File::createLegalPathName()


#1

This function can cause an assert if the input is empty...

String File::createLegalPathName (const String& original)
{
    String s (original);
    String start;

    if (s[1] == ':') // <- here
    {
       ...

I expect the result would technically not be a legal path, but should it handle this?

On a related note, I've found that (on windows) isAbsolutePath() returns true for "/" (which isn't valid). There doesn't appear to be a 100% reliable function to determine whether or not a given (user provided) String will successfully make it through the File constructor. Unless I'm missing something!


#2

Ta, will avoid that assertion.

Can't see how '/' could be an absolute path on windows though... Do you mean '\' ?


#3

Mmm, when I am working with Windows cmd.exe and Linux consoles at the same time, I always use / in Windows as well, no problem


#4

Sorry, in the code it just uses the 'separator' symbol, which my brain always classes as '/' :)

My point was that the following bit of code...

bool File::isAbsolutePath (StringRef path)
{
    return path.text[0] == separator
           #if JUCE_WINDOWS
            || (path.isNotEmpty() && path.text[1] == ':');
           #else
...

... sees the single slash character in the string and so returns that it is an absolute path - but obviously it isn't, and the File constructor rejects it.

Basically, I'm just trying to find a way to know for sure whether or not a given string will be safe to use in the File constructor :) 


#5

Well..  a path that starts with a backslash is kind of an absolute path, don't you think? Or do we reckon that on Windows only something that starts with a drive letter can count as an absolute path?


#6

It's funny you should say that, as I've been going backwards and forwards about it for a few days - I only even decided to mention it because of the other assert :) obviously a slash at the start means it's not a relative path, therefore it is effectively absolute... But not necessarily fully formed.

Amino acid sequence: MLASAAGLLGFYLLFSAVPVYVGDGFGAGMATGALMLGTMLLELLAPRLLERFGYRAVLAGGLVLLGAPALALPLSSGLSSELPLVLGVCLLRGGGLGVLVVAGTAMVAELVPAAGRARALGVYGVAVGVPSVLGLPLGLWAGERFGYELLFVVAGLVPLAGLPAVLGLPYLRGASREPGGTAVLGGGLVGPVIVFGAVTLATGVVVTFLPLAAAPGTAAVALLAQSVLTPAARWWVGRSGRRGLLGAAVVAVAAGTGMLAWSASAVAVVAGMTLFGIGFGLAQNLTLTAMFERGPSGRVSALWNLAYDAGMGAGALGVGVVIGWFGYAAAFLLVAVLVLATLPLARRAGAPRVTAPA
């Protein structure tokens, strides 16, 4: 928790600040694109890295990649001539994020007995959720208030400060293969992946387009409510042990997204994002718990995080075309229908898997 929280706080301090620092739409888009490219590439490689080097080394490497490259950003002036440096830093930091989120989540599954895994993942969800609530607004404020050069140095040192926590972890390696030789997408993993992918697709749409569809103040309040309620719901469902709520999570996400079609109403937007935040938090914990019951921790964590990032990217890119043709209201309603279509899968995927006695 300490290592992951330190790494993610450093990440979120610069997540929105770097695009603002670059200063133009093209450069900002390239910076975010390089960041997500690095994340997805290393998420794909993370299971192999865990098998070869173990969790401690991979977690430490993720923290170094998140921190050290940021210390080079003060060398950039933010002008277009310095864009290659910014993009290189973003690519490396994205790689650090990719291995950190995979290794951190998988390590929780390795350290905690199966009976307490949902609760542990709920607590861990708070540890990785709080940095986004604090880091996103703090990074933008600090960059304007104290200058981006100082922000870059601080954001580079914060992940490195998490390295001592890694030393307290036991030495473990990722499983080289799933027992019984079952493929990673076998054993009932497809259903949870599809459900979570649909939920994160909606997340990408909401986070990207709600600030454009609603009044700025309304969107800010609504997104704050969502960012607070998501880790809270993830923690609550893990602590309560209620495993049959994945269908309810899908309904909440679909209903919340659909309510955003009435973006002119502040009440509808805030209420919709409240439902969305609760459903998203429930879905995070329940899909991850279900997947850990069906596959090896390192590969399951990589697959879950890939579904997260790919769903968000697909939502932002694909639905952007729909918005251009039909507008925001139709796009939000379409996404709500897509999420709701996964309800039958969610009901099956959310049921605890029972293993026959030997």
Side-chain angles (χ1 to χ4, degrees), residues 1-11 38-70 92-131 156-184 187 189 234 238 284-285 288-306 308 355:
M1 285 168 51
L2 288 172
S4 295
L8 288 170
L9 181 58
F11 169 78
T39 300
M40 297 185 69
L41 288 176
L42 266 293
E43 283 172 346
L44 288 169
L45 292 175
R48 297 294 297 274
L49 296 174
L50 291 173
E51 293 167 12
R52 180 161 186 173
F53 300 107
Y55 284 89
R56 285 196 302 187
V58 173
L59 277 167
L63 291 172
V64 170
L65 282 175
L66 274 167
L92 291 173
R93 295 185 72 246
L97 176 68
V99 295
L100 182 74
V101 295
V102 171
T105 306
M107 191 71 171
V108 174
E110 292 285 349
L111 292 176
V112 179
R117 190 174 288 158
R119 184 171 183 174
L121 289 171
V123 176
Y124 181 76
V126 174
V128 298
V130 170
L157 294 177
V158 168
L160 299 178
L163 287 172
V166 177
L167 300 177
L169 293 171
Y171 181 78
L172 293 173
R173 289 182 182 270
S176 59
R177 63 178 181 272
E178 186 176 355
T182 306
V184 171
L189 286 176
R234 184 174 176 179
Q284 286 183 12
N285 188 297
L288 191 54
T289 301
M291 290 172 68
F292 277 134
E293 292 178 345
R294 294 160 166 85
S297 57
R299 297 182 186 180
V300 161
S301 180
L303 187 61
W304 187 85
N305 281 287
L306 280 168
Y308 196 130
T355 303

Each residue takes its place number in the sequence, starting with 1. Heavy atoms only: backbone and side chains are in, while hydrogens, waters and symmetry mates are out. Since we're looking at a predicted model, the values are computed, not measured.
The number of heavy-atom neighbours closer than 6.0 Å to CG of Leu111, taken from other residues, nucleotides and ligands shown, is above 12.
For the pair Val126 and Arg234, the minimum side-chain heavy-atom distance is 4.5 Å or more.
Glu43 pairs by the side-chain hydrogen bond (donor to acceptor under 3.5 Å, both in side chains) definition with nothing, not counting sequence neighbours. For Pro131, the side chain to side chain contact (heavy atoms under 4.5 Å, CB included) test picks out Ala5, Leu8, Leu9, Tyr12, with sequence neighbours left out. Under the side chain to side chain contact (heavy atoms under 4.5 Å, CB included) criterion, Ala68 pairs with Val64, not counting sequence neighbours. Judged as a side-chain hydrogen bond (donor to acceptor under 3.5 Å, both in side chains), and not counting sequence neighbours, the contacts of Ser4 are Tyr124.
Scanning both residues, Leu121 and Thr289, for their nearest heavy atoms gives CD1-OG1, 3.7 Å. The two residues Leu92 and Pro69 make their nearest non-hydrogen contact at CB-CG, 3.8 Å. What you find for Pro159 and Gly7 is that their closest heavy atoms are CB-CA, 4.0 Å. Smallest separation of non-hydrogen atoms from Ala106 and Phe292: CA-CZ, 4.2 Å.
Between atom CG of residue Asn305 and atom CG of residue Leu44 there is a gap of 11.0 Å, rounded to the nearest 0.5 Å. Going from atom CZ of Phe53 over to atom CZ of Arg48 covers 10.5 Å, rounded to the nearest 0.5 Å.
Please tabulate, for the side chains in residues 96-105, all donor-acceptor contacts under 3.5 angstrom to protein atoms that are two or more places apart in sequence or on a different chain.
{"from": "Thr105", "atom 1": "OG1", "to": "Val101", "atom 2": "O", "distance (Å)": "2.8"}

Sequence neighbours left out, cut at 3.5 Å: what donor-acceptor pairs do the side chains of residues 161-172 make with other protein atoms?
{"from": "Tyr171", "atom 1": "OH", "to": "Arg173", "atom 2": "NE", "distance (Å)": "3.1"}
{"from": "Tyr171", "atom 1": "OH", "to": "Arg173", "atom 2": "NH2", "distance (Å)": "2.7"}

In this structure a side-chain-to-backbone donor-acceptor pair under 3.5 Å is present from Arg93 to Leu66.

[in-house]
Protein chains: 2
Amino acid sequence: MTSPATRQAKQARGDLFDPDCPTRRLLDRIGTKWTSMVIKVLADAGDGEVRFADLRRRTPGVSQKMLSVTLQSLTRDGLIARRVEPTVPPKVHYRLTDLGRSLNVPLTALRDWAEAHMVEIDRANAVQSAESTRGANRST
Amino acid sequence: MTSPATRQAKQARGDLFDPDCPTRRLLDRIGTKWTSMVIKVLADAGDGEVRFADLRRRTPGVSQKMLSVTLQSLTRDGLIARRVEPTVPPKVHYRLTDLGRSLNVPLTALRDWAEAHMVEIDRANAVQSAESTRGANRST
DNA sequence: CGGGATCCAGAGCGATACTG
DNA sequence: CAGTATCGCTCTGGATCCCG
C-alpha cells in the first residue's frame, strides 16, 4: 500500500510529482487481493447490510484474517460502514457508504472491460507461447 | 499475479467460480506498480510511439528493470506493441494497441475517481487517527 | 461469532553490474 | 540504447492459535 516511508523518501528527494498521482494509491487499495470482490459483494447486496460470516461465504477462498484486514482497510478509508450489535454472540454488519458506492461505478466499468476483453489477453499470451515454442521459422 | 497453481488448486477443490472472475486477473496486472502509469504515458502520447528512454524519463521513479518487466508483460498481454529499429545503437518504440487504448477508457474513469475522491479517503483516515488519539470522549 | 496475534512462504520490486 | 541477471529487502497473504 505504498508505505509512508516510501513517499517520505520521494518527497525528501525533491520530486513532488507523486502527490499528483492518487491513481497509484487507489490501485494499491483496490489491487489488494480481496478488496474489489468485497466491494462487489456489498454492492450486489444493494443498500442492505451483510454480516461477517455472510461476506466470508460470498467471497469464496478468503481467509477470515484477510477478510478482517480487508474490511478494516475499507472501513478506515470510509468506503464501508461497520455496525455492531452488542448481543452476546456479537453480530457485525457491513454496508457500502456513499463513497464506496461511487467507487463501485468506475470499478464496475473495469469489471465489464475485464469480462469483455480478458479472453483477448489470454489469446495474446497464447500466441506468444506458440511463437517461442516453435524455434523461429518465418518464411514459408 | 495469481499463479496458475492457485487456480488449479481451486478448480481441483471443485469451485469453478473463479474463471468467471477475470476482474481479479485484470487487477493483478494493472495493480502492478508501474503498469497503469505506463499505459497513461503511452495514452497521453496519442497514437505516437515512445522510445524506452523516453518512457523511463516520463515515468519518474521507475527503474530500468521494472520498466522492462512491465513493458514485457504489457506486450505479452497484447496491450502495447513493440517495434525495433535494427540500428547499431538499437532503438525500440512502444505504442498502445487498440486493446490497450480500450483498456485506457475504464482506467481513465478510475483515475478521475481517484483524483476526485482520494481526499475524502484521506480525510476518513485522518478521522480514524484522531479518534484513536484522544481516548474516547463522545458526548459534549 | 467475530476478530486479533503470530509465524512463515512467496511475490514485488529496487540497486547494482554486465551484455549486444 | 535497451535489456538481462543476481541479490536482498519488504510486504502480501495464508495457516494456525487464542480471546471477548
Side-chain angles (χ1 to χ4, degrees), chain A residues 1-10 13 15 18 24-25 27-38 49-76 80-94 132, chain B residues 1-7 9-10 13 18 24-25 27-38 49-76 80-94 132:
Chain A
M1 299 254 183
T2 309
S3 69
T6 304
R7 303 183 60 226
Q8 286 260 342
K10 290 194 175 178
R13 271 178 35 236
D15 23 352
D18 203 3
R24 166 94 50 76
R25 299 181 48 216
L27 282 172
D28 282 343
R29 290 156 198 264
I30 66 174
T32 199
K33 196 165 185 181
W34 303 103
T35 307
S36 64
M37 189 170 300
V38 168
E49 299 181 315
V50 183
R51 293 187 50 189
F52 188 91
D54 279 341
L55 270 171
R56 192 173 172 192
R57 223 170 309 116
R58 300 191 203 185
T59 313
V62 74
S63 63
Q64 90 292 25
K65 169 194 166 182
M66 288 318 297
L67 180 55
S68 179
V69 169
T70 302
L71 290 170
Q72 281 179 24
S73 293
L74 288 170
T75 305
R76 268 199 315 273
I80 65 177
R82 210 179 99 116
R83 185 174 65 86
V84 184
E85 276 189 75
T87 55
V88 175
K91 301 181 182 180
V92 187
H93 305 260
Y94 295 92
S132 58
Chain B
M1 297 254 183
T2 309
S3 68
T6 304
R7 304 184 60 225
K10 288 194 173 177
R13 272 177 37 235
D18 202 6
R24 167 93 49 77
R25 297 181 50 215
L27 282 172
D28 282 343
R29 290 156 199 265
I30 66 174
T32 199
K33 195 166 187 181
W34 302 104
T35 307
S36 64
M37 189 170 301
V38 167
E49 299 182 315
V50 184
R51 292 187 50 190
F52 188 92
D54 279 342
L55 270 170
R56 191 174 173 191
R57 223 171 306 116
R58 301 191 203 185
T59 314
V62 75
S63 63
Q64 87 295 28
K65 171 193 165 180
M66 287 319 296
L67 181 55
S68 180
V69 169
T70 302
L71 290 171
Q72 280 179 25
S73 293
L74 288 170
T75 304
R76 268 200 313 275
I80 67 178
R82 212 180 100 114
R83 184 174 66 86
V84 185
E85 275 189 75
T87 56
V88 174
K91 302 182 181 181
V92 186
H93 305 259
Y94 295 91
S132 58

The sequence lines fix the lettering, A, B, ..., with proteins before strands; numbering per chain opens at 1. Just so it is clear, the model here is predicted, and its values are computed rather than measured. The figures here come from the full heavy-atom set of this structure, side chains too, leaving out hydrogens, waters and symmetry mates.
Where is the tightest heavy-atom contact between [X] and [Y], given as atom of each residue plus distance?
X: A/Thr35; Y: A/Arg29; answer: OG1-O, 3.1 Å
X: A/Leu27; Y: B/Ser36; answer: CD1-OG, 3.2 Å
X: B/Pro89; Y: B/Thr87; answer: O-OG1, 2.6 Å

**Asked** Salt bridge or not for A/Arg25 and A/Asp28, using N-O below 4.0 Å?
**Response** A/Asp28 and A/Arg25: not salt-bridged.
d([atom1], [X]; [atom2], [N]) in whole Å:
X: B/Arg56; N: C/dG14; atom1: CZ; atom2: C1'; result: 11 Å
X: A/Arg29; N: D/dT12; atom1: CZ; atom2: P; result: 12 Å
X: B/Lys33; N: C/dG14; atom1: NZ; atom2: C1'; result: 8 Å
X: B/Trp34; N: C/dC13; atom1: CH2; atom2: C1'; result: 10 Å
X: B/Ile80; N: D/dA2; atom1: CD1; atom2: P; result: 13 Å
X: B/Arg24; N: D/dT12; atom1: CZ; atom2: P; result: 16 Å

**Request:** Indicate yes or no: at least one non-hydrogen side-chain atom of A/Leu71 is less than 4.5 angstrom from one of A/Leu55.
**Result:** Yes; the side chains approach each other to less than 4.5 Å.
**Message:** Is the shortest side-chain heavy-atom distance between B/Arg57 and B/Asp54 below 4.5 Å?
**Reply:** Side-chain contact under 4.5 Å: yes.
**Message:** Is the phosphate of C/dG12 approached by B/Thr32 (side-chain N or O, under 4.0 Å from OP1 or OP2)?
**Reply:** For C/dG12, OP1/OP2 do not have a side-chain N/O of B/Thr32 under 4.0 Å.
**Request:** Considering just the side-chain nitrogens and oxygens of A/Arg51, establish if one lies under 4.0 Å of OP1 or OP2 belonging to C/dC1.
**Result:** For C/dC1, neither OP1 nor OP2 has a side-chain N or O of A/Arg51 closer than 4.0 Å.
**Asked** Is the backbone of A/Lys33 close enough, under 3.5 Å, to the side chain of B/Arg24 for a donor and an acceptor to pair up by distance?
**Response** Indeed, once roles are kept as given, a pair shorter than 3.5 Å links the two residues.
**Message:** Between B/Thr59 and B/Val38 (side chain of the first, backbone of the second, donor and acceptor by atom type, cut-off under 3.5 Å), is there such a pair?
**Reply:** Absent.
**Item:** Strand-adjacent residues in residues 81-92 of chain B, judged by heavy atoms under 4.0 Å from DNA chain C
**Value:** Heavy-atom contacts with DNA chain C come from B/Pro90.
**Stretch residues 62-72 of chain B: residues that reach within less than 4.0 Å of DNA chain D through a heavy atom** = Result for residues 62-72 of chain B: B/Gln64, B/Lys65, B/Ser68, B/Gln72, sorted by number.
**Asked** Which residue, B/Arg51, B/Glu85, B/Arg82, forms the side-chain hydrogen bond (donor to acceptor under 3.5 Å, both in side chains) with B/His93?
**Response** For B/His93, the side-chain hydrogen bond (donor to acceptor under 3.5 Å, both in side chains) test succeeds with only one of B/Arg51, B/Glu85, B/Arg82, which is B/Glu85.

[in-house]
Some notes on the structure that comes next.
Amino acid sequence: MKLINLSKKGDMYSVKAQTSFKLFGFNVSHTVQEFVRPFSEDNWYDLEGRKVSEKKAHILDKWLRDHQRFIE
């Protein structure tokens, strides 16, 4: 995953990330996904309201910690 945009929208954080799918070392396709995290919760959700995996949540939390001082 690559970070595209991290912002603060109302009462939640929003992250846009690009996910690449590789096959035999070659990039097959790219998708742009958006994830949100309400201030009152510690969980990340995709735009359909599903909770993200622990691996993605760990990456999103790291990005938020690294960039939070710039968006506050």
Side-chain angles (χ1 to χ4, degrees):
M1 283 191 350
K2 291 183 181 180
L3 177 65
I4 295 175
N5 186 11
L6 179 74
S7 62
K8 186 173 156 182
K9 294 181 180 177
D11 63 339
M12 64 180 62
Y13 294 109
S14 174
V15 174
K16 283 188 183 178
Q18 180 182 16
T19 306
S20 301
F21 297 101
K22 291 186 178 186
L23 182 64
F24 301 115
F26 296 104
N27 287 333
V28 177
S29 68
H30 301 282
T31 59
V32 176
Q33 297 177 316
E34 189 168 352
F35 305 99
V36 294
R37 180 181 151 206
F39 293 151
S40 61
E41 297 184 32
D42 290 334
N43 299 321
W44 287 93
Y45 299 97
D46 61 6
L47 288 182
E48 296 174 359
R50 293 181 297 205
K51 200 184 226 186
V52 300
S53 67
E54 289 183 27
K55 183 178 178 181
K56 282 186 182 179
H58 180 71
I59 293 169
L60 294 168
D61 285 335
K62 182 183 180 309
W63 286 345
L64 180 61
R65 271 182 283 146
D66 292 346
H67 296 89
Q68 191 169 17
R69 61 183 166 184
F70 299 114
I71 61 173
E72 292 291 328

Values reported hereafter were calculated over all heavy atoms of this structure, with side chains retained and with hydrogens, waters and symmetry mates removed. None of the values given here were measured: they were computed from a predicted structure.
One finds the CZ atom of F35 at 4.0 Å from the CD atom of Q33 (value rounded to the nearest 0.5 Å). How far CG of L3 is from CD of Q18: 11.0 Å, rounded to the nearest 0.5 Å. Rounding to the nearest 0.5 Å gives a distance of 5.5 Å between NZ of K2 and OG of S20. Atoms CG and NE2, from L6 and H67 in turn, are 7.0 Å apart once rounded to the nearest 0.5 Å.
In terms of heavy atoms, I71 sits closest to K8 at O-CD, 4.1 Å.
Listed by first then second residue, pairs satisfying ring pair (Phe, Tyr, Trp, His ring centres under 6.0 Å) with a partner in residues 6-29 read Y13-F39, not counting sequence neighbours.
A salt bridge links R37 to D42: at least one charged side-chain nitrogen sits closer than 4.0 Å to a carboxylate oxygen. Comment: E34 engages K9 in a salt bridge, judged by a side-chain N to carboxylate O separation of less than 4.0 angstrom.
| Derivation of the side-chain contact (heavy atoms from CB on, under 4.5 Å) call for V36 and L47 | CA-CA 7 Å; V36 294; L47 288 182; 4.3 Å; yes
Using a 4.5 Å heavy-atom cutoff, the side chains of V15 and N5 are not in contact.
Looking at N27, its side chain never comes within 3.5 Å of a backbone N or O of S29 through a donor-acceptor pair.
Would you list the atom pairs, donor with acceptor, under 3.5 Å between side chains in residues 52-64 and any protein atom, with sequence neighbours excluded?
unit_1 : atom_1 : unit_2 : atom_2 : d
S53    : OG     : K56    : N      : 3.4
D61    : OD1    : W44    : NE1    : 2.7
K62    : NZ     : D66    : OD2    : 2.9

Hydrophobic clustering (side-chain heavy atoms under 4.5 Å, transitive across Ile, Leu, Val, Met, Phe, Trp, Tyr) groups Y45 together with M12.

It always comes back to needing to be able to satisfy the File class itself. Perhaps moving the constructor checks out into a public static 'isValidPath' function is what is really needed.


#7

But what would 'isValidPath' really mean.. Isn't a partial path also valid if you're planning on using it in getChildFile()?


#8

Well, maybe not isValidPath :) - perhaps isValidFullPath or isFullyFormedAbsolutePath... whatever you would call the checks that the File class itself does to the provided path upon construction.

I.e. the File class has a specific idea about what makes a valid path, (since it asserts if a path doesn't qualify!). That is what I mean by valid path :D

That's really all it comes down to - I just need to be able to guarantee that it is safe to construct a File for a given String (since isAbsolutePath isn't sufficient for that), without having to test manually.

If I'm missing an existing function that does the trick for this, let me know :D


#9

I'm just wondering why I've never needed to do a similar check.. I think that when I've got a user-supplied string that may be dodgy, I generally use File::getCurrentWorkingDirectory().getChildFile (dodgyString), so that it's actually ok to get a partial path.


#10

That makes sense, and I might be able to work with it - but I think we're thinking about different problems.

Using that approach is a means of coping with input - it doesn't actually allow you to validate it, since it will give you a File regardless (and - depending on the input - that File's path could be different at runtime across different machines). I'm in particular trying to validate a specific path, rather than merely cope with it and potentially end up pointing at something different.


#11

Yup. Maybe sketch out the function that you're really looking for, and I can add it if it makes sense!